On a recent warm day, Irvine Ranch Conservancy CEO Michael O’Connell walked along Agua Chinon Canyon, in the hills east of Irvine, surveying the damage from October’s Silverado Fire.
That wind-driven fire burned 12,466 acres, spitting embers into neighborhoods. Two firefighters remain hospitalized. And the land is a scorched checkerboard with some areas black and barren, and others with signs of life. Oak trees are singed. Cacti are melted on one side and sometimes green on another.
O’Connell stooped down to look at some plants. “Look at this. These are green and didn’t get burned. And then five feet away, it was almost a complete burn.”
Crews and volunteers with the Irvine Ranch Conservancy, which oversees this public land, had spent the last five years restoring this canyon within Limestone Canyon Regional Park back to its native state, with lush vegetation around the creek.
This watershed is fairly dry this time of year, but it is the headwaters of San Diego Creek, which empties into Upper Newport Bay, said O’Connell.
The conservancy had just finished restoring it when the Silverado Fire hit, burning in much of the same footprint as the destructive Santiago Fire did in 2007. That earlier fire churned through 28,445 acres, destroying 16 homes. It burned hot, leaving a barren moonscape behind. The Silverado Fire has some areas like that, but others still have green signs of life.
“The fire came through relatively quickly,” O’Connell said. “And so it left some refugia of unburned habitat, which is really important long term because it’s a refuge for wildlife, and it’s also a refuge for plants that might have been burned in some other areas.”
Despite the scorched land there are signs of life everywhere: a couple of native red ants crawling on the road, fresh dirt churned up by a gopher, even bobcat and coyote prints. In the air, hawks and vultures swirl in circles, catching wind currents, drifting gently like dandelion puffs on a summer day.
O’Connell said the biggest problem isn’t that a fire took out their restoration area.
“These systems are essentially evolved with fire. Our biggest problem is that they evolved with fire that comes back about every 50 to 150 years,” O’Connell said. “This is the third time that these lands have burned in the last 23 years. That is 90% too often. And so what happens is they don’t come back as well the more you burn them over and over and over again.”
He pointed out that the 2007 Santiago Fire wiped out 12% of the area’s mature oak trees. A generation of oaks is about a century. So O’Connell said if you burn every seven years, you lose 12% of your population every seven years, which means you lose the entire native oak woodland in a generation.
These oaks are nesting sites for hawks and other native birds, the same ones soaring over the canyon.
“The resilience of these habitats is very much like your immune system,” O’Connell said. “If you get sick and you recover, you’ll be okay. And then if you get sick again too soon, you’ll start to get sicker. And then if you get sick again, then it’s really hard to recover. And essentially, what’s going on in these systems with too much fire is that they’re getting sicker. And so we’re trying now to figure out what is it that we can do to try and keep them healthy and resilient over time.”
O’Connell said they will spend the next three to five years monitoring the area to see which native plants rebound and which might need help. They are also using trail cameras to help track wildlife in the area. Some of those cameras may have even captured the fire coming through. They are still gathering the data.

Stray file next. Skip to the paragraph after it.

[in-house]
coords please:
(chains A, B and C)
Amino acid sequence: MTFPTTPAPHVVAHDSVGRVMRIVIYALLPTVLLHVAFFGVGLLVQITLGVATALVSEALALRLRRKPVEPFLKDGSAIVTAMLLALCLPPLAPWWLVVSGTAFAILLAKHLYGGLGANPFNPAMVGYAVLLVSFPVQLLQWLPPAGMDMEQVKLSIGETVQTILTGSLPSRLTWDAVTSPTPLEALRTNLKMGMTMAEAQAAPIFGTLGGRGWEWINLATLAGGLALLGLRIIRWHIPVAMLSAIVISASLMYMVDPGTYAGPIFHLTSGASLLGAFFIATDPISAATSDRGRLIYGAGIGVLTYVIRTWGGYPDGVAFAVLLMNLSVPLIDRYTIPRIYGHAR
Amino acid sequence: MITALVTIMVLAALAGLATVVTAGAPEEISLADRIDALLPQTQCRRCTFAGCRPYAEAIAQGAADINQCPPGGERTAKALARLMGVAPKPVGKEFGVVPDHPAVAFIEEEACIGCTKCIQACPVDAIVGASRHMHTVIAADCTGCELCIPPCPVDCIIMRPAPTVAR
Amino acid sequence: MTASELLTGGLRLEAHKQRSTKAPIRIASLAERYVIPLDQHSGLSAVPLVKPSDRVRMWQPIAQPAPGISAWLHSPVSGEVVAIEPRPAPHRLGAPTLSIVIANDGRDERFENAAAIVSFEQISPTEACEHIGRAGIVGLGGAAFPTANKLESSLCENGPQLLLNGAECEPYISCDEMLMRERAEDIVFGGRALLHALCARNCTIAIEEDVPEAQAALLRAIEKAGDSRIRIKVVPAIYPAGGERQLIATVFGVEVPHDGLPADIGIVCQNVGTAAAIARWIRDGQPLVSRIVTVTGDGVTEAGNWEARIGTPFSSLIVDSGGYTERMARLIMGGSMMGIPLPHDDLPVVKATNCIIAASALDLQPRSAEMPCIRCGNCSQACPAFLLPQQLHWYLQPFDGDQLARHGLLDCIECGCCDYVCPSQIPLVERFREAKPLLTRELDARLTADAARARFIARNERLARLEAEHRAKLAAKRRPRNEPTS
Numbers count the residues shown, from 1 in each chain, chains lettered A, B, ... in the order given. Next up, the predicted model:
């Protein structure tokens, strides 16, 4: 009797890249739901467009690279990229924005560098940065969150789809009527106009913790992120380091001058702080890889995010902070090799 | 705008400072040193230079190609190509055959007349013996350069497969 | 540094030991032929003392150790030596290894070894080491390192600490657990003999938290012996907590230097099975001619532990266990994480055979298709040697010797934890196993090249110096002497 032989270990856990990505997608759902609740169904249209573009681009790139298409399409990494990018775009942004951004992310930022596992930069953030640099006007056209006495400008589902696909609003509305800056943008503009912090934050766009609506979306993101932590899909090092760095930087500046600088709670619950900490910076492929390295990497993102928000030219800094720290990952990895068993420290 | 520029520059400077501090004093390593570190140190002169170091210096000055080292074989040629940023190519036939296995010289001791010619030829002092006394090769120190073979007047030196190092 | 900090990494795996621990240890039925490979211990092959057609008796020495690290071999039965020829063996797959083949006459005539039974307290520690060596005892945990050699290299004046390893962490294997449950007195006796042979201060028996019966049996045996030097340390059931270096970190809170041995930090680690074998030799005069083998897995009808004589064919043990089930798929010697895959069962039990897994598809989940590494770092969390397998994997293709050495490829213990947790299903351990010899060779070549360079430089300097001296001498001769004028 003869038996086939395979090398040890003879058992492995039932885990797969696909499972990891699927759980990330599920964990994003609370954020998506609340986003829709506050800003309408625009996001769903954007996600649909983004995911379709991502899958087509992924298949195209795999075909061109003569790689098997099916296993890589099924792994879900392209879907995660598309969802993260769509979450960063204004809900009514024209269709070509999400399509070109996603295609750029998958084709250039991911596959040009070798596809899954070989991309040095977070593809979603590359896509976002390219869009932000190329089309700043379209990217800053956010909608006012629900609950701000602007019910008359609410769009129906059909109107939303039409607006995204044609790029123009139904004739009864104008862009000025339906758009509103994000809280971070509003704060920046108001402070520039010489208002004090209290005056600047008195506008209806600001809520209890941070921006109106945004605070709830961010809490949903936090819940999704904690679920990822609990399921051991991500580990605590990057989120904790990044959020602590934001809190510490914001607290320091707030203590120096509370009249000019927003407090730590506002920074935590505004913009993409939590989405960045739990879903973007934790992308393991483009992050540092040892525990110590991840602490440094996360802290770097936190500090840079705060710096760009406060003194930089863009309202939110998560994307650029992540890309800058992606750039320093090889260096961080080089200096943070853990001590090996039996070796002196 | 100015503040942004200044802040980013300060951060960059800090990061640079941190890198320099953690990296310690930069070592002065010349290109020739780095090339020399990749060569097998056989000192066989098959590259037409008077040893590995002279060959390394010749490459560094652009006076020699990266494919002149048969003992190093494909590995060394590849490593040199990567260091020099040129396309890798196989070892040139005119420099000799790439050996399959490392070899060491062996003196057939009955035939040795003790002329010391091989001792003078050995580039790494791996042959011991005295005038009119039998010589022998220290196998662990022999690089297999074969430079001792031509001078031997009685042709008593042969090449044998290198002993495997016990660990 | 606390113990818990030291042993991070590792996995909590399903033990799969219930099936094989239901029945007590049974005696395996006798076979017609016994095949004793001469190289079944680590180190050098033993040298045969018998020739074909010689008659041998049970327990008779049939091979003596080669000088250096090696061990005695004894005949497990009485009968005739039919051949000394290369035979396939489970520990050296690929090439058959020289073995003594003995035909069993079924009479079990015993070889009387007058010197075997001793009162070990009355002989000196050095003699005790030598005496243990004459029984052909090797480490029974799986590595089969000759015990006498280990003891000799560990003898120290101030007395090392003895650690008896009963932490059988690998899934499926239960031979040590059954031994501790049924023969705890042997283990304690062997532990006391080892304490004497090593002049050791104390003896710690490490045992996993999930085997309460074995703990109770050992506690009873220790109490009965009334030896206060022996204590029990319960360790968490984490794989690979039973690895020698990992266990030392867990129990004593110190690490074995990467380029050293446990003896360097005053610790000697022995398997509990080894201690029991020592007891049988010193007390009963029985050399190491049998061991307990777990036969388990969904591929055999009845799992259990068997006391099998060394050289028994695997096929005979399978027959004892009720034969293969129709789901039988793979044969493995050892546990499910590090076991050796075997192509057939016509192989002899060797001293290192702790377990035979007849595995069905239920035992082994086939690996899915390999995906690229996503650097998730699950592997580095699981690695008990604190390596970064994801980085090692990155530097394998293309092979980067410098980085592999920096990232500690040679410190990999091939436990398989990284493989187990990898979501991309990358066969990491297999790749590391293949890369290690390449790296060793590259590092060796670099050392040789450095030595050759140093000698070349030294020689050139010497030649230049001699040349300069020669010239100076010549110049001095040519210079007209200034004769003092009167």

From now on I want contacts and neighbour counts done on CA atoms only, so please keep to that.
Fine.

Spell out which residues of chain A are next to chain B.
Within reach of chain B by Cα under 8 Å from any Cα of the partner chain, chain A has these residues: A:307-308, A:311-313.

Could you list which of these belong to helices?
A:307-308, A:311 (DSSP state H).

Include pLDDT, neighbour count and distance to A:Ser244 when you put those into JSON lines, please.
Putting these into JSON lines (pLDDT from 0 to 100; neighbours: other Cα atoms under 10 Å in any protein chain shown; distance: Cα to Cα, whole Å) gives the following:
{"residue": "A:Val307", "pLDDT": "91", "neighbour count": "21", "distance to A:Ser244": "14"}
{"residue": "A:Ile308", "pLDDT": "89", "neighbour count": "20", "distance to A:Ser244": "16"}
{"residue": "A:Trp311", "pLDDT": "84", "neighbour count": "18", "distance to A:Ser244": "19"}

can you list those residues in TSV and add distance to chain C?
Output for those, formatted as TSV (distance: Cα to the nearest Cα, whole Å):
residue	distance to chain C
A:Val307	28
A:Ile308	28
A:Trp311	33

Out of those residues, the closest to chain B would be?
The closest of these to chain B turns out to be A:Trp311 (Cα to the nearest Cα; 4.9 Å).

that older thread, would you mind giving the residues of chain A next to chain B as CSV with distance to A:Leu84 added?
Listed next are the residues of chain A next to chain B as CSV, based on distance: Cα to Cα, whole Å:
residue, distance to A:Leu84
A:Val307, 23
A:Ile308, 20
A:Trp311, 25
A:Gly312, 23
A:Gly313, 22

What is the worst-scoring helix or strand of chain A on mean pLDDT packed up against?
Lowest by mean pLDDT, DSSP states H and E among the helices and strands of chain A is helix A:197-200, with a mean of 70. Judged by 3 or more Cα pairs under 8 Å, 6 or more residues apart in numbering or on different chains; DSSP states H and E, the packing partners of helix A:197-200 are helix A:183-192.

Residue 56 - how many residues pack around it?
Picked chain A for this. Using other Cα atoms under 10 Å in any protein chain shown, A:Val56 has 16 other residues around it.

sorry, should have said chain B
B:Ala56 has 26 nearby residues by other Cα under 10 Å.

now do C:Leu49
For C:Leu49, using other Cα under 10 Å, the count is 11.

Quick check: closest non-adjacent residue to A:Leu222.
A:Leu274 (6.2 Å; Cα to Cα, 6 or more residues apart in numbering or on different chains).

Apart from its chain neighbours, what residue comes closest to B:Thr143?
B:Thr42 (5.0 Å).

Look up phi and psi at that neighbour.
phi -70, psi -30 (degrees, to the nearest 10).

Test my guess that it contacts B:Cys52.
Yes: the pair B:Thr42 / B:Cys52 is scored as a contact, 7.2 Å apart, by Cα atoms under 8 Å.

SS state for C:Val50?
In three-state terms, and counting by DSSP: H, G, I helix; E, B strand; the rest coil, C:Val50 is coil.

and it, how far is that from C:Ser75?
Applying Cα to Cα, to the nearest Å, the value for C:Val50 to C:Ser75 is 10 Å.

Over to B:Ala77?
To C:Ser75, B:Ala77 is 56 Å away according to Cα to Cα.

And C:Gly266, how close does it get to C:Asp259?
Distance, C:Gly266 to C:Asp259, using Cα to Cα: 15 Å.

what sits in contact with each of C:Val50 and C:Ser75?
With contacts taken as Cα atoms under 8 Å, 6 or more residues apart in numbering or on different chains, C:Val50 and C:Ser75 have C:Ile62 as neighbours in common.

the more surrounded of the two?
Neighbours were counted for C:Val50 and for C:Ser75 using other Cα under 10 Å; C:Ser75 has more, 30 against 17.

But before they could do anything, a second fire, the Bond Fire, burned near the same area again this month. It made it to near the top of the canyon, but luckily, did not burn through again.
Still, instead of viewing the destruction of newly restored canyon land along a creek from the Silverado Fire as a failure, O’Connell said there is a silver lining.
“It’s obviously disappointing to see how burned it is, but at the same time, part of restoring the habitat means taking out the invasive species before you restore the natives,” O’Connell said. “And if we did a good job of that, it’s unlikely that there are a lot of invasive weeds in there to come back and that it will come back as native plants. We’ve seen that in other areas like some of the restorations after the Woolsey Fire in the Santa Monica Mountains. They’ve actually come back pretty healthy. So we look at this as a big opportunity to study further our restoration methods and see if they are resilient over time.”
The plants used for the restoration of this canyon came from the conservancy’s 14-acre native seed farm just down the road from here. The seed farm generates about 1,000 pounds of native seed each year for restoration projects.
Except the seed farm did not escape the Silverado Fire either. Embers caught the seed farm on fire, too, burning plants and several buildings. They lost some of their buckwheat crop, along with their white sage crop.
“By coincidence, the fire occurred on a Monday. The Thursday before, we had taken all of this year’s harvest out of the seed processing facility and put it into the storage facility. So we saved almost this entire year’s harvest.”
They will have to rebuild a few lost buildings, but O’Connell is still hopeful. As he walked back up the canyon to return to his car, he pointed to a cactus that looked like it melted in the fire.
“As soon as we get a couple of nice, light rains this spring, you’re going to start to see sprouts coming back up from the cactus,” O’Connell said. “And as long as they don’t burn again too quickly, you’ll have a nice cactus patch in a few years.”
This part of Limestone Canyon Regional Park remains closed to the public because of the fire, but O’Connell hopes that in the near future, it will reopen with a renewed native habitat that’s more fire resilient.